And so so for me, it was it was disappointing. But I can’t say that it was a huge let down for me, as it were.
I was surprised that the WCA had been working on this a long time. And as I told you last weekend about who’s been paying apportionments and who hasn’t, there’s a feeling based on the numbers that just a layperson can see that they’ve been directing their money not toward apportionments, but toward funding the WCA. So they were I think there they were much more buttoned-up than the people aligned with the One Church Plan thought they were.
PN: You’ve described yourself as a “cradle Methodist.” But you grow up, and at some point you come out, and you know that there is this whole passage in the Book of Discipline that says homosexuality is not compatible with the Bible. How hard is it to remain a Methodist knowing that while you have a welcoming church home at Northaven, but some even here in Dallas believe that passage to be true?
JR: Well, it’s, I guess, trying to think of a good analogy, but for me, it is kind of like you just continue. You just continue to fight your way through it. And at some point, you know, you tire and you leave. And that’s happened in Northaven with both allies and LGBTQ plus people. Not a great amount.
But, you know, people that I care about, people that I know have not necessarily gone to another church, but they just keep going. And I think it’s been very deflating for them.
You know, for me and, you know, kind of pulled out this to show you the cradle Methodist thing – this is a Bible my mom gave me in 1965 when I was seven. I had a little baby Bible, I couldn’t put my finger on it earlier, that I was given probably when I was a maybe a toddler, because you can see where I chewed on it. It was probably teething on the corners of it.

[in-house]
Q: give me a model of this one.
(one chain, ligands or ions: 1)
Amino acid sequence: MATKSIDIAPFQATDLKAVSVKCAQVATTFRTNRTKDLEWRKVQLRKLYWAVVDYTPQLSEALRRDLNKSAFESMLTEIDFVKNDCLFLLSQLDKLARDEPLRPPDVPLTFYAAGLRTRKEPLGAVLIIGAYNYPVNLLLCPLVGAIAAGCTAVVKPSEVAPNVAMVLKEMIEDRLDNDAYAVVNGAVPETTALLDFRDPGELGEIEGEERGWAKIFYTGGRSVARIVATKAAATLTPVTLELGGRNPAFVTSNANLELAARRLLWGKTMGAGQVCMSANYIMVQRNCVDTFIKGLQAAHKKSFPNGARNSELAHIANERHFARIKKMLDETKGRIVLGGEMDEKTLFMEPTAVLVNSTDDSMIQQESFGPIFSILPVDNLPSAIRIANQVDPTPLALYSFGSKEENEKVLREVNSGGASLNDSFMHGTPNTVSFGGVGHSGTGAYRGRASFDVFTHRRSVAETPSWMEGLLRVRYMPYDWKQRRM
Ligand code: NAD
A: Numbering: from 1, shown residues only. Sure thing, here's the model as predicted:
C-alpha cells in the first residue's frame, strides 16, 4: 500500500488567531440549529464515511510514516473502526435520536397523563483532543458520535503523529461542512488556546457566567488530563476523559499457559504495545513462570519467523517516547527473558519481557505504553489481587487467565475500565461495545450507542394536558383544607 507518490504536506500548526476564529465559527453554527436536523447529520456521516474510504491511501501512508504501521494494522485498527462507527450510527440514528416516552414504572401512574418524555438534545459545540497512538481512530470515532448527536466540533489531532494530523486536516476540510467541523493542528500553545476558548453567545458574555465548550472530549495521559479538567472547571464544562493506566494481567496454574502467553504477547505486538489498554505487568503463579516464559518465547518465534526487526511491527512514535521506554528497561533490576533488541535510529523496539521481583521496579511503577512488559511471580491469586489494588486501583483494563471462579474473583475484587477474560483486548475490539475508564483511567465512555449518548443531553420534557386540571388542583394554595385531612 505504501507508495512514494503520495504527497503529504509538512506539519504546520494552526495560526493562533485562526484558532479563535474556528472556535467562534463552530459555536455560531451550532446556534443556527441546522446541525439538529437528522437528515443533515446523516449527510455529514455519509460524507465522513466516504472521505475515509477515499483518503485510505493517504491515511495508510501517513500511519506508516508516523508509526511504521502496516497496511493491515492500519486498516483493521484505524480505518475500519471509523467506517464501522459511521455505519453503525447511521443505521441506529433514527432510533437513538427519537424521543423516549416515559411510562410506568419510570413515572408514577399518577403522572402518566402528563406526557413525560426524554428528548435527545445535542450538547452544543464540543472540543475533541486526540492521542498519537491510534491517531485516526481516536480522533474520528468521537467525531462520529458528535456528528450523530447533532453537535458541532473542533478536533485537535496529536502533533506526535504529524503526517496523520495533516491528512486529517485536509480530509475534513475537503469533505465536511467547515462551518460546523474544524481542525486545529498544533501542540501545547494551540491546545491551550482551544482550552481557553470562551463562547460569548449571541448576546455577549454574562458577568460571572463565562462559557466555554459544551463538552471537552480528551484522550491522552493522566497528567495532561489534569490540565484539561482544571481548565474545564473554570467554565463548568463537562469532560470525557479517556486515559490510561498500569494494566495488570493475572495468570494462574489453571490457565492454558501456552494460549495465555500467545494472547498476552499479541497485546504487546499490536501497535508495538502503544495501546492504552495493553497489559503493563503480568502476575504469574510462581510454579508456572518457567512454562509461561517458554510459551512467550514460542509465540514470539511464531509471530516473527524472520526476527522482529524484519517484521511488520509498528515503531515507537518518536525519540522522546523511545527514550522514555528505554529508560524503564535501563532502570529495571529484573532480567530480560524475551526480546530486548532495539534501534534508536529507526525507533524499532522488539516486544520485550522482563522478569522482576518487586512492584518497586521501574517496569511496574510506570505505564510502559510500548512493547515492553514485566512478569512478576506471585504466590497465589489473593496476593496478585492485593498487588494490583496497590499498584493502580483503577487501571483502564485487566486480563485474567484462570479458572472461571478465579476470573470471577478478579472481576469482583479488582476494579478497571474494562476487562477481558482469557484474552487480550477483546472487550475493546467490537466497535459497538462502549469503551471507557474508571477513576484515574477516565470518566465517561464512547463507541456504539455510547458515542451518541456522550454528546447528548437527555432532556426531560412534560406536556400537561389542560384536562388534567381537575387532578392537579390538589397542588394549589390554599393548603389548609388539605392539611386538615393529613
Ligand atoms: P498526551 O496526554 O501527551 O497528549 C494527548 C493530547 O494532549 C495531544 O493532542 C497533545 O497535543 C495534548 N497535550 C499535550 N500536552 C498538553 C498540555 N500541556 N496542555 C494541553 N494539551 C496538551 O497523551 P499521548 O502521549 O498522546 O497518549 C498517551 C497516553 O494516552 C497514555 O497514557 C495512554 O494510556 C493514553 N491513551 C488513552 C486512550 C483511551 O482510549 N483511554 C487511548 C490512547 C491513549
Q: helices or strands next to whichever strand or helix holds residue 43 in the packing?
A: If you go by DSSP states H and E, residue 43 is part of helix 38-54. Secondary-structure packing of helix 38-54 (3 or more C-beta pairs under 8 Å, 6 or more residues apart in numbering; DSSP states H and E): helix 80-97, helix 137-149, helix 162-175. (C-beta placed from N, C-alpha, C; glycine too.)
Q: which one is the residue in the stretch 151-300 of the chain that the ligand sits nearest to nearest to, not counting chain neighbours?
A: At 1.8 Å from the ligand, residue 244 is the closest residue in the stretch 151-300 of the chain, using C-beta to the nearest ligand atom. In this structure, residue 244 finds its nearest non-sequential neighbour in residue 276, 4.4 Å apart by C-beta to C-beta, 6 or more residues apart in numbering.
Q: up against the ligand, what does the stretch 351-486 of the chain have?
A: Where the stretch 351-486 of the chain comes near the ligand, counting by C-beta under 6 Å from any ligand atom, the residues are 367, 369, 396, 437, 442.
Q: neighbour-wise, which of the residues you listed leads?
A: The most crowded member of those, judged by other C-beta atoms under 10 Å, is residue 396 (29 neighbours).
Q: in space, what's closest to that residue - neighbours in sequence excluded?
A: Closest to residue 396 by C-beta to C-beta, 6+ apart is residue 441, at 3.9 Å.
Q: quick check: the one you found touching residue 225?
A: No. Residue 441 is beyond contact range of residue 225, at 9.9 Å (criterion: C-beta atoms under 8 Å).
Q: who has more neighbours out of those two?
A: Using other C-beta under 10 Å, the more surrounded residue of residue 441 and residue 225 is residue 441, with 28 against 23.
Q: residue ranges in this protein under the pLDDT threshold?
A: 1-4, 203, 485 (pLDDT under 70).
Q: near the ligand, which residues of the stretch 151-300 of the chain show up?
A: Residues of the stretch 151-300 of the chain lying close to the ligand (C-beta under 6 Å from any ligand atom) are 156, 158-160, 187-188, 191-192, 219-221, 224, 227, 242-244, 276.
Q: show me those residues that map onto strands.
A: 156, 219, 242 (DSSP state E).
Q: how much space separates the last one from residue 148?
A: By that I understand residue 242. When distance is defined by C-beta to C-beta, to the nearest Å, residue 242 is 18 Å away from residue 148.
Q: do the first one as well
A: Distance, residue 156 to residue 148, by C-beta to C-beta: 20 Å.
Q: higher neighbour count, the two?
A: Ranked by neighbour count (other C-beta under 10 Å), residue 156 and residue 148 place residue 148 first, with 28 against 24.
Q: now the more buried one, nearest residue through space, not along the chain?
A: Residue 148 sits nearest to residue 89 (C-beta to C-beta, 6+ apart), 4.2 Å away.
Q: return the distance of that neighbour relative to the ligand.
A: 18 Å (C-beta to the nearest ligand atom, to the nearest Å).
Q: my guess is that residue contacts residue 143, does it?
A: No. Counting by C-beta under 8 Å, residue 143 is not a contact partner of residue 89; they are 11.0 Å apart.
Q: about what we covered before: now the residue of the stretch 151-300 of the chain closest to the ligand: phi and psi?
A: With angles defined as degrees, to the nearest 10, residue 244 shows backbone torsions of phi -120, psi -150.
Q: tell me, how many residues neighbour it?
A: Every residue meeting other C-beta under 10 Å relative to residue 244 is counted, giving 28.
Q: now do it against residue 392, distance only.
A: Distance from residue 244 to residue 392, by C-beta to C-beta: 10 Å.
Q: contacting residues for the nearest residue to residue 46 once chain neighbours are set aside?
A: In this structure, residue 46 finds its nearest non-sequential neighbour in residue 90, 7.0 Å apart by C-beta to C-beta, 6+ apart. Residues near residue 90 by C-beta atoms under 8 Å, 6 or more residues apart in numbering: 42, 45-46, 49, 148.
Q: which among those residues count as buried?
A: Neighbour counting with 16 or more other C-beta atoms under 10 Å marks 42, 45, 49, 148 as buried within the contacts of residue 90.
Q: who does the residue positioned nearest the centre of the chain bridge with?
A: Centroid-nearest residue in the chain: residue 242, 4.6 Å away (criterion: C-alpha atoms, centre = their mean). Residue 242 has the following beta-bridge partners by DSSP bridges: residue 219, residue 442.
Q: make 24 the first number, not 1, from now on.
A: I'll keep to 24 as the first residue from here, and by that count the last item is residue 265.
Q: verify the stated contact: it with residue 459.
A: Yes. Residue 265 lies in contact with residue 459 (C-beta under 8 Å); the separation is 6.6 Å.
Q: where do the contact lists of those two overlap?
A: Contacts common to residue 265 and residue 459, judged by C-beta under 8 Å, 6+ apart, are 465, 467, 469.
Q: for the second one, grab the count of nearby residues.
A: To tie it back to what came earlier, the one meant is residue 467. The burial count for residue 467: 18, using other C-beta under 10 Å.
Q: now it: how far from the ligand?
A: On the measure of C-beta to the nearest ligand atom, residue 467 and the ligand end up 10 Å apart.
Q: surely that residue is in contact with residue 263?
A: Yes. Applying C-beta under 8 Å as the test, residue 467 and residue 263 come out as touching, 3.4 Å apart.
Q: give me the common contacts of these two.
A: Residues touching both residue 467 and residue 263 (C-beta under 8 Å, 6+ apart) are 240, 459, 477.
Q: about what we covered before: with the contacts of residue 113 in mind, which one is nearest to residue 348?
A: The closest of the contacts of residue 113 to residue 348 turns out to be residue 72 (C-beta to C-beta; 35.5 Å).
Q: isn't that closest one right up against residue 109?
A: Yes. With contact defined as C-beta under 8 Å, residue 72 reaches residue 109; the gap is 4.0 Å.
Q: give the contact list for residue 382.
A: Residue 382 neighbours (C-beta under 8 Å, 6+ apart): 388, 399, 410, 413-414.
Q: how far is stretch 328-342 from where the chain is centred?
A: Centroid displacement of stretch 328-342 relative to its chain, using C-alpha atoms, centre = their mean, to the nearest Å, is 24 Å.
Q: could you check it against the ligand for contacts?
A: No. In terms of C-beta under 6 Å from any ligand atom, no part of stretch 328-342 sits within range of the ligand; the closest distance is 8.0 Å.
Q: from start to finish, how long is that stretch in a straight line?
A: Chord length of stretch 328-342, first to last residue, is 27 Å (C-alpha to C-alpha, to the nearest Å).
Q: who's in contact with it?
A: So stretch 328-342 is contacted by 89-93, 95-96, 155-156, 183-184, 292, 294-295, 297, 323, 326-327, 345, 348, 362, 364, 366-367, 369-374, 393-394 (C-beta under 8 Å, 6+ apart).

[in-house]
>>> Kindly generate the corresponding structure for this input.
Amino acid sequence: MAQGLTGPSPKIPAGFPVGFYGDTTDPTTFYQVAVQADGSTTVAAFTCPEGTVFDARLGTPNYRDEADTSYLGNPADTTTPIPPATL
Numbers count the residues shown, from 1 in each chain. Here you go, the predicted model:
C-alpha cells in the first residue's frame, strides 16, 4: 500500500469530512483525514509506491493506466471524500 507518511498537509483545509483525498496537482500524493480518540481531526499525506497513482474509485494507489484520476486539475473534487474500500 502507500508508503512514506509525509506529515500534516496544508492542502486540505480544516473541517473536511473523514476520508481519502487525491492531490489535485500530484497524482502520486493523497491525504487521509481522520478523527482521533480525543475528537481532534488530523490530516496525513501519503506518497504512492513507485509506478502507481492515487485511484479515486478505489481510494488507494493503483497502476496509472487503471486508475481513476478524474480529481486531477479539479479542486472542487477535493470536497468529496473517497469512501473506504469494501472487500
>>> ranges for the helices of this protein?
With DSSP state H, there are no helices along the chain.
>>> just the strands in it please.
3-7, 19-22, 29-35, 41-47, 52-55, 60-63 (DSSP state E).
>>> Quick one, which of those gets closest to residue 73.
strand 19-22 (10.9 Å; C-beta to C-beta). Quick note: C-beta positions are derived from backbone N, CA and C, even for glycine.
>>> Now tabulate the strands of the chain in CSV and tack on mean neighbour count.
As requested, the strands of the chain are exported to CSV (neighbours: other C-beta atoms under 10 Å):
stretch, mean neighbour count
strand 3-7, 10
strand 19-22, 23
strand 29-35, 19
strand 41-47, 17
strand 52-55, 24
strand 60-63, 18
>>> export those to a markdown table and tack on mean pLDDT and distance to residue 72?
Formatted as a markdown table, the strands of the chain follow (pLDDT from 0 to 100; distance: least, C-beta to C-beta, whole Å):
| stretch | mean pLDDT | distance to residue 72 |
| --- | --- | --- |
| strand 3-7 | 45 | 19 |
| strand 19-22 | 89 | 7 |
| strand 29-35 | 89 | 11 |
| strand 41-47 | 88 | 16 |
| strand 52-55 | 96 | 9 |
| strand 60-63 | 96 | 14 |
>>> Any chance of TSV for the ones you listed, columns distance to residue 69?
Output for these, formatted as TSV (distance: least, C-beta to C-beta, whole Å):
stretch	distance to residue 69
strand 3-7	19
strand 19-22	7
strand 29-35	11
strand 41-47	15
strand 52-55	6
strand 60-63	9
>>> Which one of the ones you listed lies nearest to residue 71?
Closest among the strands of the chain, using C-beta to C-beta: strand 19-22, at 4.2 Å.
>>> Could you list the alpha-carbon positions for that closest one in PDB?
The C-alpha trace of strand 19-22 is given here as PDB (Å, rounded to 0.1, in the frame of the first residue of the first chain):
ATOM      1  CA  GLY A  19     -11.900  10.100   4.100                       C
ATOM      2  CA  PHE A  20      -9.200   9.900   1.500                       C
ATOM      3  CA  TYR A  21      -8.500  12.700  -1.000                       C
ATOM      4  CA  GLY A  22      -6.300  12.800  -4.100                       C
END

I grew up in the church, but I know for a very fact that the church I call home in Texarkana will probably not align to the vision of the One Church Plan and very well may go with the WCA. It’s painful, but I think it’s time to separate.
And if we don’t do something now, when I think it’s our best opportunity in my lifetime to make a break into it and to try to stand up for ourselves, then I think folks like me will leave.
PN: Meg, how hard is it to watch her – because she obviously loves being a Methodist, and this is something important to her? How hard is it as her spouse to watch her navigate all of this?
MO: You know, I think the church and who is in it, and that she’s really enjoyed Marty (Soper), the new minister. And I think that’s helped tremendously. But I’ve seen her over the years respond to this, and I think it hit her harder probably more so … (turning to Reeves) What was it, a different general conference like 10 years ago in Fort Worth, where something similar happened, right? We’d have to look it up, but I feel like that you got reacted more strongly to that one.”
JR: I know Eric (Folkerth, who was senior minister at Northaven and is now at Kessler Park United Methodist Church) was our pastor at the time, because we had a group go over to Fort Worth when General Conference met there.
That general conference for me was more painful than this last one, not because I was there, but I did have hope. And I guess I didn’t have hope last year.
MO: Even with all the progress, you just seem like you have kind of resigned yourself to one step forward, two steps back.
PN: How important is it to members of the LGBTQ community in the Methodist church that they be able to – just like everyone else – get married by their favorite minister, or one that they have an affinity for?
JR: For me, I guess I never thought I could get married in the church. So it was never a big deal.
MO: You never thought you’d get married in general.
JR: I never thought I could get married, but once I maybe thought I could get married, it never occurred to me that I’d be able to marry in the church. I never considered that a possibility. But I think for the younger people now and for others who may not have grown up the way I did under the stigma of being gay, I think it’s very important to them.